After that pass, I noticed the trend and became aware of how I was catching up to the other riders. I had trained all summer by always taking the most challenging routes when I biked, not just going on straightaways. I loved going up 343 knowing it was the most challenging hill I have ever experienced on a bike, but always knowing that the 30 second ride down was worth the 9 minute trek up. I had built up a likeness for climbing those hills and that training came in handy for this race. Whereas other riders struggled on the hills, even submitting to them and walking their bikes, I easily ascended them. This leads to my favorite part of the race, ironically involving a hill.

I was sitting in third place and knew that no one behind me would catch me. I knew that if I finished third, it would be my best finish yet in my three years entering this race. I also knew something else, that I could win this race. In two years I had finished extremely well but to actually win this year, that would be something, especially in this fashion. In the weeks leading up to the race, alot of my friends kept telling me “You can win this.” I heard that statement alot, and they all seemed confident. I was also confident, in both my ability and my physical condition. I knew I could do 25 miles in my sleep, my average ride this summer was close to or greater than 30 miles. It was just one of those things where even if you think you’re good, you cannot agree with the people who tell you you can win until you actually see yourself win or do well.

Anyway, on to the favorite part. I was coming up a hill and it connected to another, very steep hill, one of the toughest I have ever been on, probably in the top 3. I looked ahead on the mini straightaway that joined the two hills and saw the second place rider, a man about early forties in age. I caught up to him relatively quickly and got right behind him probably 1/5 the way up the hill. He then stood up on his bike, using more leg power to climb the hill. I simply remained seated and powered up the hill, overtaking him about 1/3 the way up and that was that. It was a nice duel, especially up a hill like that. All told, I was now second with, I am guessing, somewhere around 8-9 miles left. Then it began, the phrases from the friends. Could I win now? I asked myself that. I had gone from first with an enormous lead, to dead last via a missed turn, to one pass away from the lead. Maybe I could win.

It is said that some things are too good to be true, and maybe in part that is the case. As I climbed a hill a little while later, I made a mistake that I never make, downshifting my gears from the highest to the lowest while going uphill. This caused the chain to slide off of the sprocket and become lodged between the sprocket and the frame. I was angry. I pulled over on the side of the road to examine the bike. The chain was jammed in there pretty good and I tried pulling it out but it did not budge. I pulled on it from a few different angles and still it did not become dislodged. Time was running out, I knew that the leader was still pulling away from me and this only added to the work I would have to do to find him and pass him in the few remaining miles.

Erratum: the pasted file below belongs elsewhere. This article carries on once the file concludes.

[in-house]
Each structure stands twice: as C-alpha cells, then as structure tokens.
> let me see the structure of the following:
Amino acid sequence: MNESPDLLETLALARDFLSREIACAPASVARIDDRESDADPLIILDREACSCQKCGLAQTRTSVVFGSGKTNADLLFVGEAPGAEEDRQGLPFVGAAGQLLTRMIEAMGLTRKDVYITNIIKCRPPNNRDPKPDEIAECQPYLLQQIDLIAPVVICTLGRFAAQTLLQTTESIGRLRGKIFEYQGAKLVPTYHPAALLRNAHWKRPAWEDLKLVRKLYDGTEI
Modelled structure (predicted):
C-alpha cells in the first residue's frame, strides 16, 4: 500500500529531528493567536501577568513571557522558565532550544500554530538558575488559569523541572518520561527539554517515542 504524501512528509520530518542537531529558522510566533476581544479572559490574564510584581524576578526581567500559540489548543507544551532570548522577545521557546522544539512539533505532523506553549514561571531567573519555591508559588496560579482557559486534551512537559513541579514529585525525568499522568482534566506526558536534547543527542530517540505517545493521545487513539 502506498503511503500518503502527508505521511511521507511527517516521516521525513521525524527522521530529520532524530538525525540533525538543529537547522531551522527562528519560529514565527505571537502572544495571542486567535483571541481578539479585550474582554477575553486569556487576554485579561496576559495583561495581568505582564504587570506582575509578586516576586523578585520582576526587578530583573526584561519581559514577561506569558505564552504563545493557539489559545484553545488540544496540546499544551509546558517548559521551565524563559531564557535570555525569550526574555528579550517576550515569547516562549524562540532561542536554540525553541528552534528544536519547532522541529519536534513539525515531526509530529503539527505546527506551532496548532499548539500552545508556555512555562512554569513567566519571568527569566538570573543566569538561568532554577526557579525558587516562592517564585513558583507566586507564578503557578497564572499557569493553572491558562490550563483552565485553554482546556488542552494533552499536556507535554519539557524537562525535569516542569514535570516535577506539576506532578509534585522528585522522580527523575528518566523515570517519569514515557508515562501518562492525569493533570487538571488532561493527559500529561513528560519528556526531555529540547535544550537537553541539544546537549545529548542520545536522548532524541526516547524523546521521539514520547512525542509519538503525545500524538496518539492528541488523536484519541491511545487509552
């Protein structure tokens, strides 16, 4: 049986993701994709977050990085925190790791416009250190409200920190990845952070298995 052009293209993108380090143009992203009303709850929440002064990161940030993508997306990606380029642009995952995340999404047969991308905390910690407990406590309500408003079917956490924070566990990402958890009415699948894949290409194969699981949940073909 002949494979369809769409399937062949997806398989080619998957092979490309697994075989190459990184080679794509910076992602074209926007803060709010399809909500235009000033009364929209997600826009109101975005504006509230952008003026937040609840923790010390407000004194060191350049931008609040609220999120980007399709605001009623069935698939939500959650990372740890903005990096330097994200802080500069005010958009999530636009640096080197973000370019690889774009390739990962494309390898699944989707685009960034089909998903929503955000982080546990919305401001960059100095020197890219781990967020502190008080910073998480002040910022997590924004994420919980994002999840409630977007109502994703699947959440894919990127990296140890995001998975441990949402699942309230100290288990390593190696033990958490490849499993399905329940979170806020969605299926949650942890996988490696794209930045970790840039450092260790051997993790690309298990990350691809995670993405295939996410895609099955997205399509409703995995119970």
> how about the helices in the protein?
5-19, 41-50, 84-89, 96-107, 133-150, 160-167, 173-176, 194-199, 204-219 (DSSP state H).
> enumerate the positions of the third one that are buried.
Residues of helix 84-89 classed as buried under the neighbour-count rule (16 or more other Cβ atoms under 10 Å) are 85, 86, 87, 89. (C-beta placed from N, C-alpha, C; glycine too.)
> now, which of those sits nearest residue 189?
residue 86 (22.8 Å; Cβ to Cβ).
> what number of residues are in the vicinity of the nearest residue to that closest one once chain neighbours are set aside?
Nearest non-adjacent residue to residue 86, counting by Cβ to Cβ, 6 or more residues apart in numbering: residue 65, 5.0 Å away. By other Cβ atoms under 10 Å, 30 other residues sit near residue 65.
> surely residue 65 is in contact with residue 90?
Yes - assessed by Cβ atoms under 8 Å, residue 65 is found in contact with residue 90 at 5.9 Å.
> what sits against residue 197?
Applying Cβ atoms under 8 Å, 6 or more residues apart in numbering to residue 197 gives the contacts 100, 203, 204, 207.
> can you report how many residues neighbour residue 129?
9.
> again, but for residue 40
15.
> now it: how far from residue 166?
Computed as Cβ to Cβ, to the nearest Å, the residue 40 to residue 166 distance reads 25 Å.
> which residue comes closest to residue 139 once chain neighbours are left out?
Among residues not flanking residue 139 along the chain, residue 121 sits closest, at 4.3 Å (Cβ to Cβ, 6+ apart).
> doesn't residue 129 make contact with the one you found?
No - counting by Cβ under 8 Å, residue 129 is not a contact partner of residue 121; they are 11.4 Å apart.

As I stood there messing with the bike, five riders passed me, putting me back to 7th place. I got madder at that point. I hadn’t done all that catching up to lose it now. I slid the chain one way and using alot of strength, pulled it out. In the process I sliced my pointer finger knuckle open so my hand had blood on it on top of the grease from the chain, I didn’t care, I put the chain back on, shifted to the lowest gear, spun the pedal, and the chain was back on. I took off after those five riders.

I caught up to them fairly quickly and passed them all one by one without acknowledging any of them. I did not have time to waste, I had the leader to find. Second place was once again mine, but could I improve on it?

For the next 2 or 3 miles, I biked on with no one in sight. I could see far ahead of me some of the time, but still he did not come into view. I knew that even if I could not see him, I could still make up ground on him and judging by my past experiences in the previous miles, I perhaps had him on the hills. In surprising fashion, I went down a large hill bent over on my bike to gain top speed and the turn went around a right corner. As I went around the corner at top speed, I finally saw what I was looking for and needed only a moment to take the lead. Going around the turn, it led to another downhill and I was just a blur compared to the leader. I passed him without a fight. Perhaps he thought his lead was so vast that he did not need max effort for the remainder of the race. I like to think not, that I did all of that work to find him, he didn’t let me. After all, this is a race, not a casual stroll through the park.

There really isn’t much more to tell, I passed him and led the final 5-6 miles by a large margin and crossed the finish line 15 minutes before the next rider did. Time for a reflection.